• In a network switch system, a lookup database can be maintained to keep track of routes between a number of end points attached to the switch system. However, end points can have various configurations and are associated with numerous tenants. These end-points can have various types of identifiers, e.g., IPv4, IPv6, or Layer-2. The lookup database has to be configured in different modes to handle different types of end-point identifiers. Some capacity of the lookup database is carved out to deal with different address types of incoming packets. Further, the lookup database on the network switch system is typically limited by 1K virtual routing and forwarding (VRFs). Therefore, an improved lookup algorithm is desired to handle various types of end-point identifiers. The disclosed technology addresses the need in the art for address lookups in a telecommunications network. Disclosed are systems, methods, and computer-readable storage media for unifying various types of end-point identifiers by mapping end-point identifiers to a uniform space and allowing different forms of lookups to be uniformly handled. A brief introductory description of example systems and networks, as illustrated in FIGS. 3 and 4, is disclosed herein. These variations shall be described herein as the various examples are set forth. The technology now turns to FIG. 3.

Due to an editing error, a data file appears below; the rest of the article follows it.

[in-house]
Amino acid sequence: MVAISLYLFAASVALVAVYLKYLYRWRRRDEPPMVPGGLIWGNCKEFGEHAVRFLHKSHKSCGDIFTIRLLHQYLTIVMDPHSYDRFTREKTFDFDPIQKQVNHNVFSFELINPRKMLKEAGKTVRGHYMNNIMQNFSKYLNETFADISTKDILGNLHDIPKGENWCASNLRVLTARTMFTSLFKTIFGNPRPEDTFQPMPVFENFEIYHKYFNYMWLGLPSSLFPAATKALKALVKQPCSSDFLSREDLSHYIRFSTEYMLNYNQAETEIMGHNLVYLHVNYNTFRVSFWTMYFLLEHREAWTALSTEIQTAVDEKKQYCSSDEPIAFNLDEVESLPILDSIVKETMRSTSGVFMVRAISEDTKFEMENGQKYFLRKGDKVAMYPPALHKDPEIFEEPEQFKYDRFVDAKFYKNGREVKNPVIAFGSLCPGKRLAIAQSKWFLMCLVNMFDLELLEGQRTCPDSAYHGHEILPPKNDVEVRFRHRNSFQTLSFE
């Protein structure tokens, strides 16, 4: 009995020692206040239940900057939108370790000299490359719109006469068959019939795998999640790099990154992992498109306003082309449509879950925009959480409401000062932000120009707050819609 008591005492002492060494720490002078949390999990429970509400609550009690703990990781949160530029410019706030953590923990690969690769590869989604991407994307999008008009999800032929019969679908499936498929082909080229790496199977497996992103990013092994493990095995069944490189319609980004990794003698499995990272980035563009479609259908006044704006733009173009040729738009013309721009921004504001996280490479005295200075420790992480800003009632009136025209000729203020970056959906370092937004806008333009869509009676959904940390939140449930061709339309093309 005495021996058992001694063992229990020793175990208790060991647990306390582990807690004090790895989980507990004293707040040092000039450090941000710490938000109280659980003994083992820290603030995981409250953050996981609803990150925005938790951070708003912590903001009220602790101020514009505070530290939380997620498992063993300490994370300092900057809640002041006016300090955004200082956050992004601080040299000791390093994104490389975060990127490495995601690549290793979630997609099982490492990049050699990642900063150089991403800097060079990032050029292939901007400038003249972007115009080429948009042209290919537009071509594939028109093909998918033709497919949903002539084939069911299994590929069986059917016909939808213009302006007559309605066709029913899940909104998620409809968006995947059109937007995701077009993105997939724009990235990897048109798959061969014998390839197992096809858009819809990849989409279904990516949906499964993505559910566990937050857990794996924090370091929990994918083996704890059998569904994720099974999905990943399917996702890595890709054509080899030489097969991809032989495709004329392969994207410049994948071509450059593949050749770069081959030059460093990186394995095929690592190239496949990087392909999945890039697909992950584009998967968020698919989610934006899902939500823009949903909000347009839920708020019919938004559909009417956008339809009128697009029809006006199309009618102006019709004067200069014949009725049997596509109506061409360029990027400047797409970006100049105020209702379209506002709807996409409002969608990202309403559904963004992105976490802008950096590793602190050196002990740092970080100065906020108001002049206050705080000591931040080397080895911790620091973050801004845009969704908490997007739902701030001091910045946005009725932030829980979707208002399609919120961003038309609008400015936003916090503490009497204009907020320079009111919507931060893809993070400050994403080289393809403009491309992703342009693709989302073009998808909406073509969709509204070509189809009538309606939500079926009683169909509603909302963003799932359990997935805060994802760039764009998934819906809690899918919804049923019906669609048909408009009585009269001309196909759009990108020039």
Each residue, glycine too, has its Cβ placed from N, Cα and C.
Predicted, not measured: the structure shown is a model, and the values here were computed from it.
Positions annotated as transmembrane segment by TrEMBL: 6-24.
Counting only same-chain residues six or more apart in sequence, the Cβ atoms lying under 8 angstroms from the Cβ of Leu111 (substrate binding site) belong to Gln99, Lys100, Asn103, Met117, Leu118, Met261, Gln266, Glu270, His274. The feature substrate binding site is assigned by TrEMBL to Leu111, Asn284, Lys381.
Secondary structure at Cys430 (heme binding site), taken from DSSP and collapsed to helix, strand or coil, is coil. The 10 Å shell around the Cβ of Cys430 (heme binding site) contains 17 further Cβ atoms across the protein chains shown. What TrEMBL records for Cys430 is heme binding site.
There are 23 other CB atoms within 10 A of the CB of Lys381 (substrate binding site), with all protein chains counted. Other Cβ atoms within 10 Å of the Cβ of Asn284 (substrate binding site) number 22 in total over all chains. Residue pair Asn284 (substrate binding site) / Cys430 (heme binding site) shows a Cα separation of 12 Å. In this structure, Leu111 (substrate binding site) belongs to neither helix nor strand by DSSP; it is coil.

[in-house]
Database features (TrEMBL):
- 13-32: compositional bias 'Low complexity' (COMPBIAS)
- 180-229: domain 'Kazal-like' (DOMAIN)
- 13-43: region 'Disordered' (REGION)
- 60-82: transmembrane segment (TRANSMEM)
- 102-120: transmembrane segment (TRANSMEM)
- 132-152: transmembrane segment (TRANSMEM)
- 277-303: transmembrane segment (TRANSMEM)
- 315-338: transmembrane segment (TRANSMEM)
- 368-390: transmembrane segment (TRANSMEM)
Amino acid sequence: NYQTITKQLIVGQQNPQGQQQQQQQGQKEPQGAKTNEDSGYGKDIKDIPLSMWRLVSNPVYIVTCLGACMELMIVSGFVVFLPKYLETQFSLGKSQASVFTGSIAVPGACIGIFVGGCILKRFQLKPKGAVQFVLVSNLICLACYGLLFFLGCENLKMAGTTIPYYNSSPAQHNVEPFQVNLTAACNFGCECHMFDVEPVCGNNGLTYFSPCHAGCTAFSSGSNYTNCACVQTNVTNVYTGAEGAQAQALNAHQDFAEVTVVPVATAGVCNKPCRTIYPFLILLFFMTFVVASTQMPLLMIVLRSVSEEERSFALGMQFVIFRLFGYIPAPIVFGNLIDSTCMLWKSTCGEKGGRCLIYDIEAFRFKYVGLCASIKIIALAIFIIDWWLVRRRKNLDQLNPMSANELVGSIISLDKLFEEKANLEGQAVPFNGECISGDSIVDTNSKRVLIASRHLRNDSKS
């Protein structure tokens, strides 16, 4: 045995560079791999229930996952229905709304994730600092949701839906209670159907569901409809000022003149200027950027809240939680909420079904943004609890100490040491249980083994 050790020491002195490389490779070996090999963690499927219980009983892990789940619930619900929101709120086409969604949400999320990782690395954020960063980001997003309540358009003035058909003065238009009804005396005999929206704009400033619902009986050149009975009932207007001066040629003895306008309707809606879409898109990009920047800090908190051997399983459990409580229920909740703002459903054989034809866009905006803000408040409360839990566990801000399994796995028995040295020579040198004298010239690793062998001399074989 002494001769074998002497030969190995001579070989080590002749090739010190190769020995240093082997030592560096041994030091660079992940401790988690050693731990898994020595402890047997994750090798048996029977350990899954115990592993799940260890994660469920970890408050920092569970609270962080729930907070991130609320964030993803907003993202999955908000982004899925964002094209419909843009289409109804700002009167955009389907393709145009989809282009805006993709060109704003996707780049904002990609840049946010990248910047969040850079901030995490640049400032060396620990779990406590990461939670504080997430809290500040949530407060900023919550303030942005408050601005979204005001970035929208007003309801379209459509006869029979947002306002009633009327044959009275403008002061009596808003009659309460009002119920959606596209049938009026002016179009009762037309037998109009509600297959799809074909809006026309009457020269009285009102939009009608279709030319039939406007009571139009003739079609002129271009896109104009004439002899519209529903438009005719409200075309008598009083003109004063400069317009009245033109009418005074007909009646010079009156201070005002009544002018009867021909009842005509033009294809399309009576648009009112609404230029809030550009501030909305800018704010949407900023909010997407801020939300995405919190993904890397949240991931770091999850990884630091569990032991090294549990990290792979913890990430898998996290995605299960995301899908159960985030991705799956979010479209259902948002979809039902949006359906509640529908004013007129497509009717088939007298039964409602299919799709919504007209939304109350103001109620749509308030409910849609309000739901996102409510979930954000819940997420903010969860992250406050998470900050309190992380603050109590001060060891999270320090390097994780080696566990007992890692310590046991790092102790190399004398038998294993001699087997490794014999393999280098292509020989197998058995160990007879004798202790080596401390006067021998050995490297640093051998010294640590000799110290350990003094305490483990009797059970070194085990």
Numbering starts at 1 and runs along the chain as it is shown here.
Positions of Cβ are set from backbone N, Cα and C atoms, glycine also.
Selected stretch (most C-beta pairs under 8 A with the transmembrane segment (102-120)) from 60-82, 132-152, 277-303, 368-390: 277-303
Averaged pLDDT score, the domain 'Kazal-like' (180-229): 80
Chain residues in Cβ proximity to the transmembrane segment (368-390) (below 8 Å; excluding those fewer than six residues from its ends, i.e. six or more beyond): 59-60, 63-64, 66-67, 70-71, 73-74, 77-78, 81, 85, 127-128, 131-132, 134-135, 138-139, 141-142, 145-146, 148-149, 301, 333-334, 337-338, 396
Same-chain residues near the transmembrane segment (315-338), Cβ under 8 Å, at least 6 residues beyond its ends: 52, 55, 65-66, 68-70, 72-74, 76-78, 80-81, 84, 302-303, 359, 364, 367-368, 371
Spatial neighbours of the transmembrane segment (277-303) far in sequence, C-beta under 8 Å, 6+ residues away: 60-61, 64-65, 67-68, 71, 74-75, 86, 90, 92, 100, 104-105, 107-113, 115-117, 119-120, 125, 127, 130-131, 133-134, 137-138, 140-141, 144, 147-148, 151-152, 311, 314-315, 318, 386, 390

• FIG. 3 illustrates an example computing device 300 suitable for implementing the present disclosure. Computing device 300 includes a master central processing unit (CPU) 362, interfaces 368, and a bus 315 (e.g., a PCI bus). When acting under the control of appropriate software or firmware, the CPU 362 is responsible for executing packet management, error detection, and/or routing functions, such as miscabling detection functions, for example. The CPU 362 preferably accomplishes all these functions under the control of software including an operating system and any appropriate applications software. CPU 362 can include one or more processors 363 such as a processor from the Motorola family of microprocessors or the MIPS family of microprocessors. In an alternative example, processor 363 is specially designed hardware for controlling the operations of the computing device 300. In a specific example, a memory 361 (such as non-volatile RAM and/or ROM) also forms part of CPU 362. However, there are many different ways in which memory could be coupled to the system.
  • The interfaces 368 are typically provided as interface cards (sometimes referred to as “line cards”). Generally, they control the sending and receiving of data packets over the network and sometimes support other peripherals used with the computing device 300. Among the interfaces that can be provided are Ethernet interfaces, frame relay interfaces, cable interfaces, DSL interfaces, token ring interfaces, and the like. In addition, various very high-speed interfaces can be provided such as fast token ring interfaces, wireless interfaces, Ethernet interfaces, Gigabit Ethernet interfaces, ATM interfaces, HSSI interfaces, POS interfaces, FDDI interfaces and the like. Generally, these interfaces can include ports appropriate for communication with the appropriate media. In some cases, they can also include an independent processor and, in some instances, volatile RAM. The independent processors can control such communications intensive tasks as packet switching, media control and management. By providing separate processors for the communications intensive tasks, these interfaces allow the master microprocessor 362 to efficiently perform routing computations, network diagnostics, security functions, etc.